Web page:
I get it. Your job is your passion and you love it. You may not realize it while you do it, but essentially, you’re doing more damage than good. Working more than 8 hours every day can have detrimental impact on your health and energy and some long-term side-effects, that you may need to deal with.
Imagine you sit on a chair for hours, totally obsessed about finishing your awesome project. Your back doesn’t like it, but you’re too busy to listen to its screams for some rest.
Take. It. Easy.
Take breaks. Put some personal time in the mix. Live your life.
Gaps in communication
It’s not always easy to open effective channels of communication with your co-workers. Not being in the same room, when you just approach them and talk, makes it a little challenging to communicate.
Remote work relies heavily on asynchronous communication. Questions are asked and the conversation is open, but that doesn’t mean the other end of the convo will engage instantly.
Moreover, since most of this communication is written, it is prone to lack of clarity and misunderstandings. That oftentimes creates subtle gaps that are not easy to close.
Time zone annoyance
It’s a common digital nomad pain. When you work with someone located in an opposite time zone, it’s challenging to collaborate and communicate.
It’s not impossible, but it sure is inconvenient and sometimes interferes with your work-life balance.
It has happened to me in the past. I had clients located in completely opposite time zones, which meant I was required to shift my work schedule to suit their business hours.
Luckily, uncomfortable situations like this are usually temporary. When there’s good will to overcome such hurdles, there’s always a way.
Whether you’re in an office or you work remotely from home (or any place you call home), distractions are unfortunately part and parcel of the job. There’s always some external factor that can interrupt you, while you’re in the zone.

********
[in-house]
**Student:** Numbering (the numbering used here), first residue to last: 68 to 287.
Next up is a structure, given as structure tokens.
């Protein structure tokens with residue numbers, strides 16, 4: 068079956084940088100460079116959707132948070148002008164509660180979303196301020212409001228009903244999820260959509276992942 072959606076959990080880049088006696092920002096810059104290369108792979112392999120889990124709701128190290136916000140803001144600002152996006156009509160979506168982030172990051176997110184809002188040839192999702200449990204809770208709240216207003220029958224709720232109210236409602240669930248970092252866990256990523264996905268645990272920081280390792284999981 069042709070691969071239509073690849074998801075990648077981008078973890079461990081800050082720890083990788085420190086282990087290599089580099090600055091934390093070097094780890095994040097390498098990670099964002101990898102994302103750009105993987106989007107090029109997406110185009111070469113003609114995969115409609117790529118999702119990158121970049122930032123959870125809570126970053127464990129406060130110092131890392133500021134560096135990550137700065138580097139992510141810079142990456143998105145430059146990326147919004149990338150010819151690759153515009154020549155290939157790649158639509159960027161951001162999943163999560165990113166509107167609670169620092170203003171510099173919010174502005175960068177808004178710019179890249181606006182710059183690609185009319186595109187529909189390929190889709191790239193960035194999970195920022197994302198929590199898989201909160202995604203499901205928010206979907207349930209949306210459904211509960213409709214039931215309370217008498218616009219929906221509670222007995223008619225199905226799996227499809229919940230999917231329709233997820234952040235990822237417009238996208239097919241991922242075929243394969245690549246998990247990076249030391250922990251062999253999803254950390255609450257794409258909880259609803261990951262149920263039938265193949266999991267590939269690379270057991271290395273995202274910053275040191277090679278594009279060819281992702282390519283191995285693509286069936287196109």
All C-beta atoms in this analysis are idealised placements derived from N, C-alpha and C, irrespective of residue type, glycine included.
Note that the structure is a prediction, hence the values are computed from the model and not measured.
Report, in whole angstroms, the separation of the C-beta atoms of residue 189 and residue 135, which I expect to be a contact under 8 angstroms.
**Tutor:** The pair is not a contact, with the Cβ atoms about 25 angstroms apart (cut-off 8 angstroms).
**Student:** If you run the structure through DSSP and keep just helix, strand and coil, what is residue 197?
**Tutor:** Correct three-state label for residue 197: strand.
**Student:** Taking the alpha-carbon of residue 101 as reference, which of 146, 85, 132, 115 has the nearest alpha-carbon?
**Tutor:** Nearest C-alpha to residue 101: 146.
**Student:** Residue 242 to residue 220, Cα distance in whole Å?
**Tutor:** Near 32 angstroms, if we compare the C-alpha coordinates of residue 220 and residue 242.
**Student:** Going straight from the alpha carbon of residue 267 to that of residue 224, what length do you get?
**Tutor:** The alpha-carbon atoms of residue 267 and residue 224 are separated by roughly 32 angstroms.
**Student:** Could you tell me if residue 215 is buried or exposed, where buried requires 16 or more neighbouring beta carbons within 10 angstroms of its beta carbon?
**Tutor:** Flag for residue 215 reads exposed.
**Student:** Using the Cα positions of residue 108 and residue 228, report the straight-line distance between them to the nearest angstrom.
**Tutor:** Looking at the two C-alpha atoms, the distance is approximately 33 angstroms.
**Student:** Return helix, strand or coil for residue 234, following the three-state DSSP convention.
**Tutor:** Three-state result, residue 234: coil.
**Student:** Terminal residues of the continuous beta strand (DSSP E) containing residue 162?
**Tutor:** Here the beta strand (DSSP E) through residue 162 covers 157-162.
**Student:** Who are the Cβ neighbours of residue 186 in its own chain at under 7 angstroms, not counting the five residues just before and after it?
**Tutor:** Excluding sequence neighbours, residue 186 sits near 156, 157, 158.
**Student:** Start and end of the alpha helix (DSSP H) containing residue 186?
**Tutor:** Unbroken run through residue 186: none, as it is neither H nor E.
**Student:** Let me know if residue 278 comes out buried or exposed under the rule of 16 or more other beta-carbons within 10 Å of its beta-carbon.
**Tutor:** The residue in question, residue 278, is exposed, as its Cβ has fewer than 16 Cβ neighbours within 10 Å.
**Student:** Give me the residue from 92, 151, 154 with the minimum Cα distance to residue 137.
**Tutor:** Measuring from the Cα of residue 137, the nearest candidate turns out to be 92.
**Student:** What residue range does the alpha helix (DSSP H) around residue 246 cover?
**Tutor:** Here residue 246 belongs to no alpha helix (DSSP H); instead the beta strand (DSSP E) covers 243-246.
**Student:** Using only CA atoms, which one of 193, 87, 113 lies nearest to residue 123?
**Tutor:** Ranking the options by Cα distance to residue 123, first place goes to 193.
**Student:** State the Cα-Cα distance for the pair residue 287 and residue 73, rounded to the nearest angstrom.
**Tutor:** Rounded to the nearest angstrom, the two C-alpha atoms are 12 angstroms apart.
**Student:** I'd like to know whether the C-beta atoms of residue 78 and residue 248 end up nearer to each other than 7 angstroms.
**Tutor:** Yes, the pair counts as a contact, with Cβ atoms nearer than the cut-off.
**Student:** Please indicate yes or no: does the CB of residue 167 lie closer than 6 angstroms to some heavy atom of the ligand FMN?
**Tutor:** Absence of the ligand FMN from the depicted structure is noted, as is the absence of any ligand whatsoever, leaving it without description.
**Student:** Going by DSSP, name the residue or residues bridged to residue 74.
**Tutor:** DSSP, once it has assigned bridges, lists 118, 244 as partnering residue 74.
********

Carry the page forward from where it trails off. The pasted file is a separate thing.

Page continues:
Especially if you work remotely, chances are you’ll have your personal life interrupt your work schedule at some point during the day.
For example, a family member can barge in, if you work from home. Or the mailman will knock on your door.
Even if you’re somewhere else, like let’s say at the beach, completely synced with the waves and focused on your job, you may have to deal with a stupid seagull, that decided to attack your snack, or a loud dude who’s on vacation.
Lack of discipline
You’re alone, away from the office, away from the client and/or other co-workers. When you don’t have someone to hold you accountable for the work you do, it’s dead-easy to lose your focus. You’re on your own, buried under tons of work in front of a laptop.
Remote work is primarily done over the Internet. This means you have to be connected and have a browser open. See where I’m getting at?
I can see the Facebook tab open next to your Google Doc! Don’t deny it, it’s happened to you. Yes, you ended up wasting hours on Facebook and Twitter, let alone your smartphone, which barely stays away from your hand. Don’t feel bad, it happens to the best of us!
It’s inevitable to waste some time on social media or anything that keeps our brains aimlessly occupied. However, in some extreme cases, lack of discipline to get back in the productivity zone can lead to laziness and a lot of late/unfinished work. Awkward!
TAKE ACTION: download a productivity app that can help you maintain your focus. There’s a ton of them online.
Another extreme consequence of bad time management is the fact that your energy levels can hit rock bottom and your body will be physically damages. Sometimes, this damage can torture you for a really long time, making your daily life a little bit of a nightmare.
TAKE ACTION: focus on your health! I cannot stress that enough; you won’t be earning money if your health is not in a good state.
Okay, let me repeat what I said just a few lines before: remote work is primarily done over the Internet. The Internet doesn’t drop from the sky, nor is it free and abundant around you like the air you breathe.
Shit happens, and you may end up being in the dark for hours. That translates to hours of lost work, that may not be compensated. Be warned and be prepared.
TAKE ACTION: have a backup mobile Internet plan handy. You may never have to use it (which I highly doubt), but it’s worth the investment.
Compare the good to the bad and the ugly
Regardless of the difficulties, remote work offers tremendous opportunities and countless benefits. Like in any job, it takes time and effort to find your balance and mechanisms that will help you work smart and deliver some truly kick-ass stuff.